Dominant and Submissive: Who is Really In Charge of BDSM?

Dominant and SubmissiveAfter watching Fifty Shades of Grey with my friend, we decided to head over to a Starbucks to discuss the world of BDSM. My friend Daniel has been in a BDSM relationship with his wife for over three years. He explains that BDSM involves a dominant and a submissive. The Dominant is the one who is on top and in charge of the submissive. The submissive will obey and sacrifice his or her pleasure for the dominant. He or she will allow the dominant to take control over every action. Before both the dominant and submissive get into action, they have to create a contract. This contract discusses the “limits” that the submissive puts on the table. Limits are basically what the submissive is willing or not willing to do. At the end of the day, Daniel claims that the dominant is always in charge, but in actuality, I believe the submissive is the one in charge.

Here is the deal with the submissive-dominant relationship. “The submissive gives up control to the dominant until such a time they feel it necessary to take that control back.” For example, if the dominant is on top and is whipping the submissive, it may seem like they are in charge, but once the submissive feels that it’s too much, they can yell out their safe word. Then the dominant will have to stop and give back the power to the submissive.The submissive is the one who agrees and disagrees with the limits, they are also the one who creates the limit. In addition, they make a safe word that is easy to pronounce that will command the dominant to stop if the submissive feels uncomfortable. The submissive decides how far to take it and when they want to stop. The dominant may have control over the submissive but they do not get to decide the transfer of power. Only the submissive can decide where the power goes, therefore the submissive is truly in charge.

After my explanation, Daniel was confused. He further claims that if the submissive was in charge then why don’t they ever get on top or control the activity. The simple answer is “trust,” which the submissive must have for the dominant or else the relationship will not work. It is disrespectful for a submissive to get on top of the dominant without permission. It is a sign of distrust towards the dominant and can ruin the dynamic of the sexual activity. This would represent the struggle for power rather than the exchange of power. The struggle would signify the lack of control and confidence on the submissive’s part. This is why it’s important for the submissive to truly trust the dominant in the BDSM activity. The deep meaning of the trust lies in the fact that the dominant will not push the boundary and will ultimately respect the submissive, and is willing to give back control when it is requested.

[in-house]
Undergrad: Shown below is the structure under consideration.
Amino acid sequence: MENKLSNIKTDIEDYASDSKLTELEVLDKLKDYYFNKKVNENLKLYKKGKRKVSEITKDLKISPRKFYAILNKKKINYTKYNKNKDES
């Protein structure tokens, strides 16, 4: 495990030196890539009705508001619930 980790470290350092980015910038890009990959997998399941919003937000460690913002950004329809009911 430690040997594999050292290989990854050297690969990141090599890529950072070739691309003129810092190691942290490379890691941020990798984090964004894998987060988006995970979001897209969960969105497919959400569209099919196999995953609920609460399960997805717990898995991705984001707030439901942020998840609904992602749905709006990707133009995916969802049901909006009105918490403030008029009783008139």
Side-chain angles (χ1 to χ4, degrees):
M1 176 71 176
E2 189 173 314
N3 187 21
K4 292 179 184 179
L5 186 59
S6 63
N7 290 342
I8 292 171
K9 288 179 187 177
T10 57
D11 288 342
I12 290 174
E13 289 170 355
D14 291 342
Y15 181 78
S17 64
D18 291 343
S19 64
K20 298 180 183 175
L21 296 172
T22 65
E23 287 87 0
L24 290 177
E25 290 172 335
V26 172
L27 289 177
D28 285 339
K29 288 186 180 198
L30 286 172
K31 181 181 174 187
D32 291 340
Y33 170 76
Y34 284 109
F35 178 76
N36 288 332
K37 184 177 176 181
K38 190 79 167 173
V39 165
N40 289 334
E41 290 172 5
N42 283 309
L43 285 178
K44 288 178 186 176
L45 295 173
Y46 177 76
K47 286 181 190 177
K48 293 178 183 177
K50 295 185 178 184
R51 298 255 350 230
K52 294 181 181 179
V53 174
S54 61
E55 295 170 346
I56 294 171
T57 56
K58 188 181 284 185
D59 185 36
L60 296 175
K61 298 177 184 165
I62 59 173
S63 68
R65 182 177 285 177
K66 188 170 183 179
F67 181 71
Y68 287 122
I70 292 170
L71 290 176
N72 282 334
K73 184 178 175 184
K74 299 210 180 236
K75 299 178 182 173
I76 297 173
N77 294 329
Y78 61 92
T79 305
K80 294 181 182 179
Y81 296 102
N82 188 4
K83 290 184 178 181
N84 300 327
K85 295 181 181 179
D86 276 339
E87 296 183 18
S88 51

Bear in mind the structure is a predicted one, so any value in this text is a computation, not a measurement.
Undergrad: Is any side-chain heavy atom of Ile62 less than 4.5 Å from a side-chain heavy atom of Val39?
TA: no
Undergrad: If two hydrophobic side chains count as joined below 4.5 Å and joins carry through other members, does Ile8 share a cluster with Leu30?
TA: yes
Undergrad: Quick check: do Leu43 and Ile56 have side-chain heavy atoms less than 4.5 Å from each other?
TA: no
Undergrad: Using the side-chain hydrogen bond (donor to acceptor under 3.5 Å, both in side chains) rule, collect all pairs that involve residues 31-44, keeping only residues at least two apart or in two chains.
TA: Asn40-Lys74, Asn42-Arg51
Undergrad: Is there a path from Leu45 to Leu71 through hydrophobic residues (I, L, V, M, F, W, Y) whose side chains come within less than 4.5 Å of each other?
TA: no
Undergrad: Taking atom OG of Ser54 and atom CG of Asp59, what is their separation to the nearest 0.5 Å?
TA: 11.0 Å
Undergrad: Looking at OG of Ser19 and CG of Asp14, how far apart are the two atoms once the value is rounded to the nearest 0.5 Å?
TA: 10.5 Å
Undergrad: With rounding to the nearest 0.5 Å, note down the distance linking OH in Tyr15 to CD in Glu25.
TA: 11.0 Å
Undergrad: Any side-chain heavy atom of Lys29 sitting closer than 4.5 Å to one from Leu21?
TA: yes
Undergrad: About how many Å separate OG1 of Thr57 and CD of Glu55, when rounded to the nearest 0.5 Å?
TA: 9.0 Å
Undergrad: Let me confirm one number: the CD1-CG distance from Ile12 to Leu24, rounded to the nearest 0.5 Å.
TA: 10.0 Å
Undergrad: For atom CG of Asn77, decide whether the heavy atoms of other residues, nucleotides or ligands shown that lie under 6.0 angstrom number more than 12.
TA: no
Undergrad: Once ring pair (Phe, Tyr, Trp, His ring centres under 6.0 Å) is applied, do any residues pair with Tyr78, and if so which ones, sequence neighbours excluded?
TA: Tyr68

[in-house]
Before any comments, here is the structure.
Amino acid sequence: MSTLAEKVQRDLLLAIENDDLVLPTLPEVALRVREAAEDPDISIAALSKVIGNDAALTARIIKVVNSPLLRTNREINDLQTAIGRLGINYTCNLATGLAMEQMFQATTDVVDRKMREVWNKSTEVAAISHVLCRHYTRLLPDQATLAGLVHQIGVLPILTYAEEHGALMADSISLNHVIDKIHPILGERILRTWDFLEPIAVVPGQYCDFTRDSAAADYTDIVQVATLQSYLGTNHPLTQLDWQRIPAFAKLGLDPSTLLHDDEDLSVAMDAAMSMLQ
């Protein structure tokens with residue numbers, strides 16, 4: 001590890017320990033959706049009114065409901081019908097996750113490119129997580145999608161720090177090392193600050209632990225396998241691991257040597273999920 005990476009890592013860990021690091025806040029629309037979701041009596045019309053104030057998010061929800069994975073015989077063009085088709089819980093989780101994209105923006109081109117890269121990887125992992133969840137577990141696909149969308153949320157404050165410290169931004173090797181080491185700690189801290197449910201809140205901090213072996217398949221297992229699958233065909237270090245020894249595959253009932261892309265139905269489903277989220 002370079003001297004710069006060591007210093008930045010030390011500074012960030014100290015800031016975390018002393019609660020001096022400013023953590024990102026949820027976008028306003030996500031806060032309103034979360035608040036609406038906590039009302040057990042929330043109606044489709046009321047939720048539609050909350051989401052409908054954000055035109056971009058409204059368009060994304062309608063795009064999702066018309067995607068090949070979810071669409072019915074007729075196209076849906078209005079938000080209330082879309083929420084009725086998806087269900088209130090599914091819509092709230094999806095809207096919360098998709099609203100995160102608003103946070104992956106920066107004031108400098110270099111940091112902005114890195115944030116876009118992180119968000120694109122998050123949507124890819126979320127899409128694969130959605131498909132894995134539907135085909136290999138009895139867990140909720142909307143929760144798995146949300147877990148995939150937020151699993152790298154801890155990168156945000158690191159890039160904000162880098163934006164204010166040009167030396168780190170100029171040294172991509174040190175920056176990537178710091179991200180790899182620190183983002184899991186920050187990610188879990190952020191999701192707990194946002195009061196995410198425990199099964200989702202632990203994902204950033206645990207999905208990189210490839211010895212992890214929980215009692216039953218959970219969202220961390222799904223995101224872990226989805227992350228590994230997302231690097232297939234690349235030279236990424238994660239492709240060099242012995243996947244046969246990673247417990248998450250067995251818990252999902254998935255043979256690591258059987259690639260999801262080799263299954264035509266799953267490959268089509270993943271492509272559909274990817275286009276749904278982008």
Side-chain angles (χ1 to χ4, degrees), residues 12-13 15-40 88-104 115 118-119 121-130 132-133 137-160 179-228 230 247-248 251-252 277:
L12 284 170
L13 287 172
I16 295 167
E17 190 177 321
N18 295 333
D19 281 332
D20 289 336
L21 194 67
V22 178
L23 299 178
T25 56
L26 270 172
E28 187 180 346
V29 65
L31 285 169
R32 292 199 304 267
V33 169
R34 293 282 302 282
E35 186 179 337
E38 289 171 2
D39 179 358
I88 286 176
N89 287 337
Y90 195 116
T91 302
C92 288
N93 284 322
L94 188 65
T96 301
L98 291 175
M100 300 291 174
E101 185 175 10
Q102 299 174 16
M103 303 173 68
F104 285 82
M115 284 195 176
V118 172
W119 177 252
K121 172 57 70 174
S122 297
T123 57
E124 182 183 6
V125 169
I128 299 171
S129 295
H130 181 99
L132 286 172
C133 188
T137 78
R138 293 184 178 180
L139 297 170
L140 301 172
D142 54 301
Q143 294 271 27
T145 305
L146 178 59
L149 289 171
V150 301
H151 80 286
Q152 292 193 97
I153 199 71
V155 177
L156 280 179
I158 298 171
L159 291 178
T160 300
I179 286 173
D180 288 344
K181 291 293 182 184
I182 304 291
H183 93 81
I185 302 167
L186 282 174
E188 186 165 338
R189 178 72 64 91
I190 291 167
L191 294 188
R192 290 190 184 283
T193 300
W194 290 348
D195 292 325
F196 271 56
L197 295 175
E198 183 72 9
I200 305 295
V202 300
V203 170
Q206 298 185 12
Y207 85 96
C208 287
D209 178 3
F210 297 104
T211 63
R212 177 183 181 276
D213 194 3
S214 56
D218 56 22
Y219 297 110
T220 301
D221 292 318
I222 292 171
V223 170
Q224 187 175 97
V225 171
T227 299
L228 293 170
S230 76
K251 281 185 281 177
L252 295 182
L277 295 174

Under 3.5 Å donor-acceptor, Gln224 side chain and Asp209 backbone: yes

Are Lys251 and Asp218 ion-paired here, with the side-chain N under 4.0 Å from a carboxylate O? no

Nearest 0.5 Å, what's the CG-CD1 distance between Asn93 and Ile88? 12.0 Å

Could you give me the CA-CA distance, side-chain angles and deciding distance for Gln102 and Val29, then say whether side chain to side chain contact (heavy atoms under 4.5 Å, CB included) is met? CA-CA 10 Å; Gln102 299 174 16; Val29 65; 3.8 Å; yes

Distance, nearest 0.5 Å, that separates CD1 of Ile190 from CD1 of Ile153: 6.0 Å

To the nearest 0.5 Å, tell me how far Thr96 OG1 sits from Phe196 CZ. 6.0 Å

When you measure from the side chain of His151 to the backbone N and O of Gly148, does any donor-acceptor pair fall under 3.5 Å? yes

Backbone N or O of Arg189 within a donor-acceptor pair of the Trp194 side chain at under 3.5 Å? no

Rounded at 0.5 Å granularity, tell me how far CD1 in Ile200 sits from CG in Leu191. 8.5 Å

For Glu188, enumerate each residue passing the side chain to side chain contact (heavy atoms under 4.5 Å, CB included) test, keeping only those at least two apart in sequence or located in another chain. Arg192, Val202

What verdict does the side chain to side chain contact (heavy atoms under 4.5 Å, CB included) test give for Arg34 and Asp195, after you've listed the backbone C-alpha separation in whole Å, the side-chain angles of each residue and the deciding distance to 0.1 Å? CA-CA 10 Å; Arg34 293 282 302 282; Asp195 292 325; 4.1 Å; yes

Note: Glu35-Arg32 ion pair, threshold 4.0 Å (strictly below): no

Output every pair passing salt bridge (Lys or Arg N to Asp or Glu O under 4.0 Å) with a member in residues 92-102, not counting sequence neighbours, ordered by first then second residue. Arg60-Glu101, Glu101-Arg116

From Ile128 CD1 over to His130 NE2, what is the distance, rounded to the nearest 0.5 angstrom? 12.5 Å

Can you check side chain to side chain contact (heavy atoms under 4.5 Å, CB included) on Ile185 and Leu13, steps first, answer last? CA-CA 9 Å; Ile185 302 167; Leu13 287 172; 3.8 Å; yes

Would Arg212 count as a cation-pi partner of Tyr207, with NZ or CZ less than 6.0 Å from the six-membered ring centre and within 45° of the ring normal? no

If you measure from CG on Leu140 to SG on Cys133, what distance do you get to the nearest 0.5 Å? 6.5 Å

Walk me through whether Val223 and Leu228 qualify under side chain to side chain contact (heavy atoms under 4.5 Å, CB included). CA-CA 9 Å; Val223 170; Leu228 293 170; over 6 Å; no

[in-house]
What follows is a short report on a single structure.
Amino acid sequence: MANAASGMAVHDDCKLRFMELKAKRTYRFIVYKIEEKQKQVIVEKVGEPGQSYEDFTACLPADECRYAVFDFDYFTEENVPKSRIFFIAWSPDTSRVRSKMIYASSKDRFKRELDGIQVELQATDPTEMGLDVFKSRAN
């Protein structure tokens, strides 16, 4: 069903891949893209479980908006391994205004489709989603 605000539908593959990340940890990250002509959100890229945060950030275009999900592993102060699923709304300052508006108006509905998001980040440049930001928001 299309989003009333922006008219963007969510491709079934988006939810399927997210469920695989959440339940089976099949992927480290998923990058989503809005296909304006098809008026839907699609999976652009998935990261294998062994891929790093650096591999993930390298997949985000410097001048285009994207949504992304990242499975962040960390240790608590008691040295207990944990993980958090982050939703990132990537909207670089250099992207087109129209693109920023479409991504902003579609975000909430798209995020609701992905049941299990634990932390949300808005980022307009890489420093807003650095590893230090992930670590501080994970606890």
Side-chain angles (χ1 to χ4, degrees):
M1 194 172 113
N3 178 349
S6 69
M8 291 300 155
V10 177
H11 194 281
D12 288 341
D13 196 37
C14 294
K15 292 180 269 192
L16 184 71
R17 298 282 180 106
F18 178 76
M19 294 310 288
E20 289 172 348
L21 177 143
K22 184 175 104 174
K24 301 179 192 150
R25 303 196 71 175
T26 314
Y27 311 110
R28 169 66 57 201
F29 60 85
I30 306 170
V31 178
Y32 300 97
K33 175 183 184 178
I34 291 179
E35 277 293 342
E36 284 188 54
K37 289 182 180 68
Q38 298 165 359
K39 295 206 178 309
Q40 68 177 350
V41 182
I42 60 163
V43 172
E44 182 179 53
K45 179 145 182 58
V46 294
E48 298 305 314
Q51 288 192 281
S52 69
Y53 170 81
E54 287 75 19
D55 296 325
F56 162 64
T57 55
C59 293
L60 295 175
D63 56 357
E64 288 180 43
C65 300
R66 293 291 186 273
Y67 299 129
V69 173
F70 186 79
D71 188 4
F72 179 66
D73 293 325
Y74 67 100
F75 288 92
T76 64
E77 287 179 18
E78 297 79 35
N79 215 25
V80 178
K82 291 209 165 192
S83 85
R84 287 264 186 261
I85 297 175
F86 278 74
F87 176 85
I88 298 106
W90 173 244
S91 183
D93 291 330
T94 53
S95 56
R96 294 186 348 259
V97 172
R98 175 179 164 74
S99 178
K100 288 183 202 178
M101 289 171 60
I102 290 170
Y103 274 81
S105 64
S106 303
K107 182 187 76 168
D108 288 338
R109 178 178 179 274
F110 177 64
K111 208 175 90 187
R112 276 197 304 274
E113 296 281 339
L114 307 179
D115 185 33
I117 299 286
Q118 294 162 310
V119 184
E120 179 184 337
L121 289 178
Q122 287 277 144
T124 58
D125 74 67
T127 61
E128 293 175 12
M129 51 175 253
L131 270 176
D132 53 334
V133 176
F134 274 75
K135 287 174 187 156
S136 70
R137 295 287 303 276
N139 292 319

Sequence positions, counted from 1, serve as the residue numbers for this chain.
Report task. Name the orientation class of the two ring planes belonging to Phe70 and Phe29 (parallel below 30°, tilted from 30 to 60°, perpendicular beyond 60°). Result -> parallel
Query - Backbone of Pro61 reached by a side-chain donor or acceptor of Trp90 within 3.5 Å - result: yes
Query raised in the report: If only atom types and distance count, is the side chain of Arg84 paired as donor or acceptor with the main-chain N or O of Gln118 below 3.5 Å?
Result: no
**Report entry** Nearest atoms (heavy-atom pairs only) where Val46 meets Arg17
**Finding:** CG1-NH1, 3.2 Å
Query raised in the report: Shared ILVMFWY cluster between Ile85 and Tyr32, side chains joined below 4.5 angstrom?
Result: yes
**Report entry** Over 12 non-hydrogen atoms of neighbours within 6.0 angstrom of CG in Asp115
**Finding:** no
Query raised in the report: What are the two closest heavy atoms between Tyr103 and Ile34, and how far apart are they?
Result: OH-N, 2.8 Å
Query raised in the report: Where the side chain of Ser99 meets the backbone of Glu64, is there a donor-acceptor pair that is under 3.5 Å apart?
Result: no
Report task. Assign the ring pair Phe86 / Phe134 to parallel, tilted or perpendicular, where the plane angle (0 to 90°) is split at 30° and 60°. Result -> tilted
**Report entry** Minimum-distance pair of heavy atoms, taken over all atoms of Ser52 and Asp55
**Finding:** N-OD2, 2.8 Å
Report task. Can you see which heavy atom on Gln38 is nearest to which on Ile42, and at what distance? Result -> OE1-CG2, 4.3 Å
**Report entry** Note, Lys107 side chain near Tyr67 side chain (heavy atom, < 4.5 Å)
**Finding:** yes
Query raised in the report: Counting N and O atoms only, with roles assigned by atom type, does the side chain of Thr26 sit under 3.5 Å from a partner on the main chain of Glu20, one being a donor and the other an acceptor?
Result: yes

Daniel started pondering about this philosophical explanation. He has finally understood the idea behind the relationship. He is a dominant who trust that his wife (the submissive) will serve his needs and provide him pleasure over her own. She trusts that he will not harm her or go beyond the boundaries. Whenever she feels uncomfortable and that it’s too much, she will yell out her safe words, and Daniel will have to stop. The whole BDSM exchange of power progression goes something like this: Before commitment (the control lies with the submissive), at commitment (control is passed to the dominant with limitations), learning (as the dominant breaks down limits, more control is given by the submissive), at maturity (more control to the dominant), at decline (submissive gradually takes back control), and end of commitment (submissive has total control).

BDSM relationshipDuring the whole BDSM process, you will notice how the submissive begins the activity and ends the activity with control. Ultimately, submissive role needs to remember that control is given not taken. In some ways, a vanilla relationship between a man and a woman has some BDSM to it. Men are bigger, dominant, and protective, and women are smaller, petite, and submissive. Men are usually on top during sex, and women on the bottom. Despite all this, the woman is the one in control. She determines the exchange of power and when to take back control. If she is uncomfortable with the sex or love making, she is the one who usually stops it. The man who is dominant is given trust that he will not harm the woman.  If the woman does not trust or respect the man, the whole dynamic is ruin. If the man does not respect the women’s limits, the dynamic is also ruin. Basically, BDSM involves a lot of trust and respect between two parties, the dominant and submissive. If these elements are not taken cared of, then BDSM is not safe for both parties.

Another thing to keep in mind is that the submissive is submitting because they want to. It’s pleasurable to submit to the master. However, a slave submits because he or she has to. It is commanded by the master. “Want to” and “have to” are on the opposite spectrum, the former is desire whereas the later is forced. Submissive involving BDSM is the desire to please the master, therefore it is the control of power. The Master’s slave isn’t really submitting to him, rather she is submitting to her own desire to do so which in turns means that he is not on top. Therefore a slave that isn’t really submitting is being commanded by a master that isn’t really dominating. This would be the exceptional irony of BDSM where the submissive is the master and the dominant is the slave. Keep in mind that it is important that the dominant feels free and relax to dominate without feeling judged by the submissive. If the dominant does not feel this freedom, he ends up being a pleaser tool to the submissive. That is why a healthy balance is required in order to create a desirable BDSM experience.

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